Similarly, Fleur Larsen, Founder and Facilitator at Fleur Larsen Facilitation, invites organizations and companies to look inward and pay attention to our own biases and internalized understandings of Whiteness. Fleur says, “If the company/organization is a White led and majority White staff, it’s useful to first come to terms with your own racial bias. Since we know that all humans have biases, that we have all been socialized into believing harmful things about others because of the way structural racism operates and sets people up, then we can start figuring out how to manage our biases and racism (as White people) instead of pretending we don’t have any.”
Kim “Kimfer” Flanery-Rye, Founder & Diversity, Equity, Inclusion and Culture Consultant at MyKimisms, added to this conversation by reminding us that DEI work must not be relegated to one person in the organization, but rather everyone should participate in it. Everyone should have a stake in it, not just the employees of color. According to Kimfer, it is essential to align as a leadership team and recognize that “DEI is more than a side project, cannot be owned by one DEI person, but is part of the integrated business strategy that expands to people, brands, and internal processes within the company to build culture.”
Now that we have learned a few different perspectives about how to get started, it is also important to watch out for pitfalls and frequently occurring challenges so your organization can be better prepared to address and tackle them.
What is the biggest/most frequent challenge or issue that businesses or organizations experience when doing DEI work with their team/staff?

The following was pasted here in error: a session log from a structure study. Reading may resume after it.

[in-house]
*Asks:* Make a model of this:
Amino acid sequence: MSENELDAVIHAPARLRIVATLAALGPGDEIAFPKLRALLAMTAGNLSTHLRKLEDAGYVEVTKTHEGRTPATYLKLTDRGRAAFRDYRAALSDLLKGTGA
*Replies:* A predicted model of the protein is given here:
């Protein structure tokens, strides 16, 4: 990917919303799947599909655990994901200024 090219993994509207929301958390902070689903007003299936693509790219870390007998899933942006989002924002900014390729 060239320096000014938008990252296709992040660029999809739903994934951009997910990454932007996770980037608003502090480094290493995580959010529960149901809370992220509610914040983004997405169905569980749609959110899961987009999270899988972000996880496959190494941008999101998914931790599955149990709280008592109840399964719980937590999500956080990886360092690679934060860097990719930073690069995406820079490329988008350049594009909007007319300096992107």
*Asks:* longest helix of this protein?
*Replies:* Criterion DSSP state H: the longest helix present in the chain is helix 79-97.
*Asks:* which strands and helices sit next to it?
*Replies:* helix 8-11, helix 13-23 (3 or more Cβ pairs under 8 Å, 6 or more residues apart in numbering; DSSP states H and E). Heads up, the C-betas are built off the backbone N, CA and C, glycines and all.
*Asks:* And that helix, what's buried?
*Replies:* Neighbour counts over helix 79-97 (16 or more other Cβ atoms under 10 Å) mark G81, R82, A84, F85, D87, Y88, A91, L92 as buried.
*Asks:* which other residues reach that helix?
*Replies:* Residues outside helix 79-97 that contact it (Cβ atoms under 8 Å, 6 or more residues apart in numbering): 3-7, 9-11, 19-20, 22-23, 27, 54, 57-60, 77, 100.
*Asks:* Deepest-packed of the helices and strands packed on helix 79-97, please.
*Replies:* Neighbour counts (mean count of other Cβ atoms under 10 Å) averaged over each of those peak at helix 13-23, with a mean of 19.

Jo Burkholder, Founder and Principal Consultant at Terra Firma Cultural, noted that many companies frequently employ the ineffective and flawed “add diversity and stir” approach. Jo says, “They (companies and organizations) want to harvest the power of diversity for their organization, but they want it to come with little effort, no discomfort, and minimal cost.” Jo likens creating an equitable organizational culture to cultivating a garden and says, “there is going to be some hard work at every level and a whole lot of time to put in before companies get to where they want to be.”
Tali mentioned that she frequently encounters companies that engage in DEI with cookie-cutter approaches. She says, “They (companies) believe that they understand what is actually going on when the truth of the matter is their beliefs are laced in unconscious biases. It’s unfortunate that I meet so many people that claim to support or even teach DEI that literally feel uncomfortable when I suggest an audit that would allow me to get to the core of the issues. So many times, they push back claiming to know the issues while asking if we can simply do a training.”